But hold on, this is good and will entertain a wide range of audiences.
True, the crowd I saw the film with were teenage girls, but that was just a coincidence.
The Maze Runner owes more to The Hunger Games than say Twilight with the accent on a very solid plot and some cracking acting from the young cast.
In fact, on the odd occasion when we see an adult they seem unable to reach the high bar set by the main cast.
The movie is based on the popular book of the same name by James Dashner, but with a few slight changes.
The story starts with Thomas (Dylan O’Brien) arriving against his will in the Glade, a park-like area inhabited by young men and surrounded by an enormous concrete maze.
Apart from their name, no one can remember anything about their past life.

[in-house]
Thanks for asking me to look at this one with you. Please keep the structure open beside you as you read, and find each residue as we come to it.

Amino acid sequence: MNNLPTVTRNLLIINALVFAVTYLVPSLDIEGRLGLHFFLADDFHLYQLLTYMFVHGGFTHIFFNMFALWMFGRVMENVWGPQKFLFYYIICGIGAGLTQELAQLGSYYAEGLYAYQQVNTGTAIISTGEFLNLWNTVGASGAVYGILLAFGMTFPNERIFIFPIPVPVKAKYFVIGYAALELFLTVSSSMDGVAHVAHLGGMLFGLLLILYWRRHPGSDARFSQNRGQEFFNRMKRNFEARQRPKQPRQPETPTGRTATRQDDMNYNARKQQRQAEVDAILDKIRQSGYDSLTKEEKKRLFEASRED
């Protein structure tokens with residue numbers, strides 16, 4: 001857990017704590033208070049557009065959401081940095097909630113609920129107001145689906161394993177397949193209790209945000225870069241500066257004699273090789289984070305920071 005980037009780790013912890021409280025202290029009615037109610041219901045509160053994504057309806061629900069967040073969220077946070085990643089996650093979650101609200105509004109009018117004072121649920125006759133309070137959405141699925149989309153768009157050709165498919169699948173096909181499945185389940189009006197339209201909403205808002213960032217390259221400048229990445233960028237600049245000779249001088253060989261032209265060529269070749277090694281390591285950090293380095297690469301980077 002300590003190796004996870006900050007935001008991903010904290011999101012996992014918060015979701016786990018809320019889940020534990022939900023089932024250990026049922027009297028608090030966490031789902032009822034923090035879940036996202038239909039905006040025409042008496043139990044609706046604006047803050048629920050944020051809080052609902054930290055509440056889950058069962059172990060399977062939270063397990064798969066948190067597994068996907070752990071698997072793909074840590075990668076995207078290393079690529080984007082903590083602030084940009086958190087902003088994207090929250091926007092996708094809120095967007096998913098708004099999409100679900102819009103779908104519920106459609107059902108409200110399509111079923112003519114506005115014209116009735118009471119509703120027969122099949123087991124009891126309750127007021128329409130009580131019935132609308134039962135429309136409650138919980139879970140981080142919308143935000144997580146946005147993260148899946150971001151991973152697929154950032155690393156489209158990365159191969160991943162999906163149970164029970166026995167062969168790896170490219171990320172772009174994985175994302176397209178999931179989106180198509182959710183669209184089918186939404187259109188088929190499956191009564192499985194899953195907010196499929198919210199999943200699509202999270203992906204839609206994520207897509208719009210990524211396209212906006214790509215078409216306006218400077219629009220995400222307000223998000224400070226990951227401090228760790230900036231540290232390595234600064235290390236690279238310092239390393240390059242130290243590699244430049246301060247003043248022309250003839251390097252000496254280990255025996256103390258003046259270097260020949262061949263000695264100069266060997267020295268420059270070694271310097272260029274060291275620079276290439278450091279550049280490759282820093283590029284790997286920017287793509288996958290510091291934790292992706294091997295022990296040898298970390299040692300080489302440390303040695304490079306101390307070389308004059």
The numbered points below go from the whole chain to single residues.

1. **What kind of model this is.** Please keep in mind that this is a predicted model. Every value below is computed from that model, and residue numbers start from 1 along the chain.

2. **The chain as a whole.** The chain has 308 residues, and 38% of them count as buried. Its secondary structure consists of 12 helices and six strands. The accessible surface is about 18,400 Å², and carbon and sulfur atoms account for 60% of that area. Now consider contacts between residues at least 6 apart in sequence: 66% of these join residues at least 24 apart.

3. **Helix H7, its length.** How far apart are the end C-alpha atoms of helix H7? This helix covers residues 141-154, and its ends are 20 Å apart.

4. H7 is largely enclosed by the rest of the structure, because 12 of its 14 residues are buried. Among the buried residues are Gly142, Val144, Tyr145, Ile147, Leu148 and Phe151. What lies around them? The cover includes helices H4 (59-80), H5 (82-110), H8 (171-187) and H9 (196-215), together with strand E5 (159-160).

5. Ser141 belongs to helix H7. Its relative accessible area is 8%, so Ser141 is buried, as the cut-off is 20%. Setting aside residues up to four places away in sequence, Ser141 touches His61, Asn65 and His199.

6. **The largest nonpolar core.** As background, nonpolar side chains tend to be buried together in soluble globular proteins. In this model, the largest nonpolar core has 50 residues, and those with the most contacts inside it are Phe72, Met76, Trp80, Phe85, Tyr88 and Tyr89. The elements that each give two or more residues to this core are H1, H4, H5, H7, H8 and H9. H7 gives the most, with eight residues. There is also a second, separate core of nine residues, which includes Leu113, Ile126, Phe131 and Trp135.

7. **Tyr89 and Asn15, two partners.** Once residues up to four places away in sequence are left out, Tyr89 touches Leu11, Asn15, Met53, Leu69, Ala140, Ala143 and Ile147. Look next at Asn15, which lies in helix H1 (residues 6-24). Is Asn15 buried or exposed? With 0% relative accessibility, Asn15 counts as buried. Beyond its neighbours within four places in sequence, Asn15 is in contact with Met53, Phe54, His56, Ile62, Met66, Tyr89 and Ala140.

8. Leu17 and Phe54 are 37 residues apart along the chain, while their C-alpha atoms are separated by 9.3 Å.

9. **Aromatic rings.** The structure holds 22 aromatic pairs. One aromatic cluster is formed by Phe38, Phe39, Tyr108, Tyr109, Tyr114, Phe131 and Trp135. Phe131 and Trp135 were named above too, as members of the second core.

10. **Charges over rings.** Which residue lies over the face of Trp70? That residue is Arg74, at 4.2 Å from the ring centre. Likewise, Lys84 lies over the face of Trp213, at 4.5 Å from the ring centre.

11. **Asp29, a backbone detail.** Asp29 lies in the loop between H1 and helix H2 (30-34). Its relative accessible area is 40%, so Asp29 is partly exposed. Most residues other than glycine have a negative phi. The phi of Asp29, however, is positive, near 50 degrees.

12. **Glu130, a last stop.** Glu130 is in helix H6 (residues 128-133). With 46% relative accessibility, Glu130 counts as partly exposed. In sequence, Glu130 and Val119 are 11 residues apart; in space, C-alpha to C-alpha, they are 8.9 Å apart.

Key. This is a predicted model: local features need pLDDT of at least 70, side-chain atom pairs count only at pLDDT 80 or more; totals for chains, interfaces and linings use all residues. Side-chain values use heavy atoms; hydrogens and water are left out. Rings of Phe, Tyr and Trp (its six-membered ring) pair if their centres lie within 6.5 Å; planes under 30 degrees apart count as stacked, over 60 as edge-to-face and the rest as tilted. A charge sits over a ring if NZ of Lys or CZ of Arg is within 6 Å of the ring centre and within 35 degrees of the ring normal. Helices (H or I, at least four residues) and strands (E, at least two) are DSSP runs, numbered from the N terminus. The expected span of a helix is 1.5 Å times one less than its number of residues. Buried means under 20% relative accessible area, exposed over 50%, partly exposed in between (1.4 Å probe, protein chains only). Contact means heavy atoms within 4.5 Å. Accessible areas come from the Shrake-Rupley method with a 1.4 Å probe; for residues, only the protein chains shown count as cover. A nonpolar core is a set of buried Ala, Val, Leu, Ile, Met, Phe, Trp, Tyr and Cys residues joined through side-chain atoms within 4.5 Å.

The maze is guarded at night by Grievers, particularly unpleasant mechanical beasts who sting people and give them a fatal illness.
In order to live as peacefully as possible the Gladers have set up rules and a hierarchy.
However, Thomas soon causes problems as he attempts to find a way out and the truth behind the maze.
Backing O’Brien up are some familiar faces, such as Will Poulter (Voyage of the Dawn Treader) as Gally and Thomas Brodie-Sangster (Love Actually and Nanny McPhee) as Newt, along with newcomer Blake Cooper impressing as Chuck.
The ending has been criticised and I would agree with that as it seemed to go a bit Resident Evil in tone.
However, the rest of the film is spot-on and goes at a cracking pace with some rather good special effects.
And we are set up nicely for the next in the series, although they will have to go some to match this first effort.
Film details: The Maze Runner (12A) 113mins
Director: Wes Ball
Starring: Dylan O’Brien, Kaya Scodelario, Will Poulter
Screening courtesy of Horsham Capitol